The final is just days away and already the fans are ready for action. All along the roads in both counties the support is visible. Here in Moy, where Armagh meets Tyrone, the whole village is decked out with the colours of both Armagh and Tyrone. You can even buy yourself a hat. But here in Richill, a village just outside the city of Armagh, you wouldn't know a final was taking place. There is nothing. So is anybody really interested here?
Not really. Well there might be a few supporters, so there might.
But I don't really think so.
Richill is a mainly Protestant village and there wouldn't be a lot of interest in Gaelic for starters.
Do you think they could do anything to make Gaelic more interesting, because it's a big event?
It's a big event for the Roman Catholics but as for the Protestant people it's not really, you know. But it's their heritage, it's up to them.
Even in the hairdressers Sam Maguire isn't a talking point.
This wouldn't be the village for them to be talking about it really. You are in the wrong sort of town area really. It would be more Armagh or Tyrone.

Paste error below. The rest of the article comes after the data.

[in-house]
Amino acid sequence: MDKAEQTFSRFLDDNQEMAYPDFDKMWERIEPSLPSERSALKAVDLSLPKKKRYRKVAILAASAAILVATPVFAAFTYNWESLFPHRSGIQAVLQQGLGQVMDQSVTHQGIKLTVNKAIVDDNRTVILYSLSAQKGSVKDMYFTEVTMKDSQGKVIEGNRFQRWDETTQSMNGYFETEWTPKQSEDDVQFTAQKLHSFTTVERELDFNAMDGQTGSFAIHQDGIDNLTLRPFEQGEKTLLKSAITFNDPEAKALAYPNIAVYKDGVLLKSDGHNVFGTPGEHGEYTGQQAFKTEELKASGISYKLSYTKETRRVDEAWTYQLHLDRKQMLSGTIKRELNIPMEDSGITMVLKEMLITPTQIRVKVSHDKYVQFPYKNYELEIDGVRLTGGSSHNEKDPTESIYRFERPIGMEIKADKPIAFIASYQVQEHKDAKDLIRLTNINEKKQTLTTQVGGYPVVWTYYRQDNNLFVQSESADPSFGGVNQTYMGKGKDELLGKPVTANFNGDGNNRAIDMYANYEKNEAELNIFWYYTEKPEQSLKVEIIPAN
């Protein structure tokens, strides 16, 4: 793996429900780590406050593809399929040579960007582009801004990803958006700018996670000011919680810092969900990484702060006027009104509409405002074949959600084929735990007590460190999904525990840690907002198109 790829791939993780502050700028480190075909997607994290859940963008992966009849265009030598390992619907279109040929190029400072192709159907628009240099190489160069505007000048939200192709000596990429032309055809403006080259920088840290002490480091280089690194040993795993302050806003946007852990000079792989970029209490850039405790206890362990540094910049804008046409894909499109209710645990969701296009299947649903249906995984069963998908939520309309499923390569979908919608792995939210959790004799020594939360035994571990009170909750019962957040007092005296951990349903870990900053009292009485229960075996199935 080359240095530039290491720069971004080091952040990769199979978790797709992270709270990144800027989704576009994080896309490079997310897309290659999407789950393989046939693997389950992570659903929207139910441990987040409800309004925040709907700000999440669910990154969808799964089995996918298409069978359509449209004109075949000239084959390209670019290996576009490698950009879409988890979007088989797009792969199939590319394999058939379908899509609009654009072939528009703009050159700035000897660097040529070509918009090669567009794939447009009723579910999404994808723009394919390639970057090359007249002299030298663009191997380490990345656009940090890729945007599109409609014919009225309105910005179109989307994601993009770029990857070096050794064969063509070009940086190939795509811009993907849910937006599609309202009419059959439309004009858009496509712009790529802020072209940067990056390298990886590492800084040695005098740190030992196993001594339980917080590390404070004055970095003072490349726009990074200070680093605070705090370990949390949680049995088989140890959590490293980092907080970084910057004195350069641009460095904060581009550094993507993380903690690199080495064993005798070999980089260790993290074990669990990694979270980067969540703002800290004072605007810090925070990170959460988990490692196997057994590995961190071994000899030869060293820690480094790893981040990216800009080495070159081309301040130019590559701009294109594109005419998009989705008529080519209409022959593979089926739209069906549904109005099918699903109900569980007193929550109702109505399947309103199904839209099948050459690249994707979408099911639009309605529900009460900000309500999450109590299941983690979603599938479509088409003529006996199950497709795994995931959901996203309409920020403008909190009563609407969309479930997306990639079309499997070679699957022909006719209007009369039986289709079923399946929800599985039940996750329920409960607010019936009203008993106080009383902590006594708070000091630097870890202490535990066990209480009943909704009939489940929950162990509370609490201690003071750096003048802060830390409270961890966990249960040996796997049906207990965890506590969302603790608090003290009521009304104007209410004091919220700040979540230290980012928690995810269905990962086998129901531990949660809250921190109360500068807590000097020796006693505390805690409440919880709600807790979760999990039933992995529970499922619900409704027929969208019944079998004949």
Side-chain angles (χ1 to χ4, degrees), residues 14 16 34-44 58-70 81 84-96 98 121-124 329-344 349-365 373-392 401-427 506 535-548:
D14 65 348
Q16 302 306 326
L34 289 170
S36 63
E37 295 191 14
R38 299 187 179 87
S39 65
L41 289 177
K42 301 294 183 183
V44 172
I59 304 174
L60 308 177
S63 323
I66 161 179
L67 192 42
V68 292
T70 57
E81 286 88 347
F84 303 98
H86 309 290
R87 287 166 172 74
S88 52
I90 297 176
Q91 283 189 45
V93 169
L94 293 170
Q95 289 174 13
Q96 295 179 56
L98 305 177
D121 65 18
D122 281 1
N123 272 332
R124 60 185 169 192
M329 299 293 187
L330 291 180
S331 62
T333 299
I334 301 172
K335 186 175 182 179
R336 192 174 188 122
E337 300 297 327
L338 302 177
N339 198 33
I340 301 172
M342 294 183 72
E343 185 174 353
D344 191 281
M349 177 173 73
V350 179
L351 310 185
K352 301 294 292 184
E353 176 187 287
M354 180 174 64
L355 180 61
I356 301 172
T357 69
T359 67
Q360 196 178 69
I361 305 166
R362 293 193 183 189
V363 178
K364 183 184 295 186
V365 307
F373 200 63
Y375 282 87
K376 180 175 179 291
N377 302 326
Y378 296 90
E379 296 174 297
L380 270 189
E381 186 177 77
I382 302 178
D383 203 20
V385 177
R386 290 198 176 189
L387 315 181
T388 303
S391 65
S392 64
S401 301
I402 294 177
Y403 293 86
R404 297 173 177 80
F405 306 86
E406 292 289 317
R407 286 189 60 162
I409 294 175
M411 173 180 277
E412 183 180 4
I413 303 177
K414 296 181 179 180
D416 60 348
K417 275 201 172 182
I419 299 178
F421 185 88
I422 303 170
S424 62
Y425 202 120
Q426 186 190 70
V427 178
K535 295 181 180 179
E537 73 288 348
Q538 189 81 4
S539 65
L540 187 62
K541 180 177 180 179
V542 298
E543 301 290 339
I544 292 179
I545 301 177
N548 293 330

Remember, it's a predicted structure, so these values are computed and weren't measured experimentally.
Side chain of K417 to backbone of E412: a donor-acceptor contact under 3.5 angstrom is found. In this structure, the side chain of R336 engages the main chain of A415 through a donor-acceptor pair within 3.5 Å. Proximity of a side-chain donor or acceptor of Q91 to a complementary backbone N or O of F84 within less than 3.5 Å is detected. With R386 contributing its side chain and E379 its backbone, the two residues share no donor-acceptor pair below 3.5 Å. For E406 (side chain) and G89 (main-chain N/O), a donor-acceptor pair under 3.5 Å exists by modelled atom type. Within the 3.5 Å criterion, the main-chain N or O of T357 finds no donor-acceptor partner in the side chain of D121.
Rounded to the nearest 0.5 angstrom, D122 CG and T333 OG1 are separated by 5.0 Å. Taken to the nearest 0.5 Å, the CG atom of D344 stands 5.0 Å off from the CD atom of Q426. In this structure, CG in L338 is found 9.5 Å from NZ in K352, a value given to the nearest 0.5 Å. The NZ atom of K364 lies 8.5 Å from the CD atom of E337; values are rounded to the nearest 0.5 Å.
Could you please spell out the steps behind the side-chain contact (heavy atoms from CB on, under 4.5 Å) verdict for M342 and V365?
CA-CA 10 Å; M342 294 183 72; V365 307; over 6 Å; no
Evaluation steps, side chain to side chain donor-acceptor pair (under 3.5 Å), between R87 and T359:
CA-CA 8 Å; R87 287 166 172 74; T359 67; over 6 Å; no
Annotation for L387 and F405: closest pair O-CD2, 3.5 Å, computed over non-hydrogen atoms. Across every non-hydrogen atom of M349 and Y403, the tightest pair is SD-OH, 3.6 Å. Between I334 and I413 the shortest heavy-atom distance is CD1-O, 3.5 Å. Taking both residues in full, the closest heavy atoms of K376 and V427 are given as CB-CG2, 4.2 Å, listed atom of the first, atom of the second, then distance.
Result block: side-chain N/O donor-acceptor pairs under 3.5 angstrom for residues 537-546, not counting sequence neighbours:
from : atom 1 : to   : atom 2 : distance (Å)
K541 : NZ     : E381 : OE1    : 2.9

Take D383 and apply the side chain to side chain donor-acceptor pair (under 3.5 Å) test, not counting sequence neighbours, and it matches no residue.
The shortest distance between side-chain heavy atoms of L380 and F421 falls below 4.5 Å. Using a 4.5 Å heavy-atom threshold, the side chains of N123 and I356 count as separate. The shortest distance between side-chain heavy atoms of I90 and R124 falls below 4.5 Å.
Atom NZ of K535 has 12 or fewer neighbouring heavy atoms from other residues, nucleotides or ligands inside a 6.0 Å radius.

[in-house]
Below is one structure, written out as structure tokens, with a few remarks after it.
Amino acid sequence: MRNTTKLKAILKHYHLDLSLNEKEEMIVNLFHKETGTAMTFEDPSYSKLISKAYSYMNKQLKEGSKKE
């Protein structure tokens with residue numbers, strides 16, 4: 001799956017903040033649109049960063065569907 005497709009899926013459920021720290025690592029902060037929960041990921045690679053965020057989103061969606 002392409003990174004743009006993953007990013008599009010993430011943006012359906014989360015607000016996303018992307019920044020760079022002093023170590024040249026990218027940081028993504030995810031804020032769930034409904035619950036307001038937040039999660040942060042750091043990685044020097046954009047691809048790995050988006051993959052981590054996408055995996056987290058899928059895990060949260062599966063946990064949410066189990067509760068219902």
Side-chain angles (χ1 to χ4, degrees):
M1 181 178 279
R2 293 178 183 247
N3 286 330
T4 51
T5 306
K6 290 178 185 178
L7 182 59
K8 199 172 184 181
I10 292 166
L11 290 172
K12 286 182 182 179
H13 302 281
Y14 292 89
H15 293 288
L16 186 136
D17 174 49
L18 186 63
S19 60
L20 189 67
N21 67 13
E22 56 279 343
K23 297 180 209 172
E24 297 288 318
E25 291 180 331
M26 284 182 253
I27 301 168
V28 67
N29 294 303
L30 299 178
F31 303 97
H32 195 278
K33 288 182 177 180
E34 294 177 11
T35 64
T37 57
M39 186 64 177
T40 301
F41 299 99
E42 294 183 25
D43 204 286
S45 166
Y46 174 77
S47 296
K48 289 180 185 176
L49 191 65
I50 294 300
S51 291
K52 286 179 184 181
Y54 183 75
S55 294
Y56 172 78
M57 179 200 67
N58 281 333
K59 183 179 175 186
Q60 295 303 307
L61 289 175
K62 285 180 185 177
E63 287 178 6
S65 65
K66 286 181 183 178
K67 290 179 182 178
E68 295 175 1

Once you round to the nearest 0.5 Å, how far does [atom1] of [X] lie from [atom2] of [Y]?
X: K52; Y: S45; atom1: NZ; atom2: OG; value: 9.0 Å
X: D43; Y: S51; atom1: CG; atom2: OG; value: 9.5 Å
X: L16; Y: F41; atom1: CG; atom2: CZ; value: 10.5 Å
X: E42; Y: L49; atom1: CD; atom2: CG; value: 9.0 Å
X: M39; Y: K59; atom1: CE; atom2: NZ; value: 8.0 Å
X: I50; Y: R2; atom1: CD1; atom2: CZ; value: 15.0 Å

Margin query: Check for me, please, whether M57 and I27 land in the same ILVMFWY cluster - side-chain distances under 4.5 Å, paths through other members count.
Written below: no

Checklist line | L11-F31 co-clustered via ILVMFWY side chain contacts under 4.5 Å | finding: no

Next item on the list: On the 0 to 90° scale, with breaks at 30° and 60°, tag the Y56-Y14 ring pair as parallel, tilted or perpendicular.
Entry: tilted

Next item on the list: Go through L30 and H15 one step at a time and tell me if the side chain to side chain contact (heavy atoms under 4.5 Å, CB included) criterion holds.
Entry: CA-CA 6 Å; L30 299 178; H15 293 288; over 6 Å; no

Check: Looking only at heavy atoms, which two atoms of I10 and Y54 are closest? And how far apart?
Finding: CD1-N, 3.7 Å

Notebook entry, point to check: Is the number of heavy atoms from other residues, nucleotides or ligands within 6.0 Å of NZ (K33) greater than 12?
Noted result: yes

The only Armagh signs in Richill weren't put there by supporters, although it was possible to find someone looking forward to Sunday.
I'm not really into Gaelic, but there is something about this match, has really, you know, draws you to it. I think it's fantastic for Armagh to be in it.
And, according to the editor of one local newspaper, he's not alone.
Last year's edition covering Armagh's victory in the All-Ireland
final brought record sales. And, he says, it wasn't just one part
of the community celebrating.
Richard Stewart, Editor Ulster Gazette:
The support is cross-community. The support of one side is more visible than the other. But quietly I believe that there are a lot of the Protestant community in support of the Armagh team.
One thing is for sure, this Sunday only two colours matter and it's not the orange and green, it's the orange and red.
Chris Buckler - BBC Newsline, Armagh. (25/09/2003)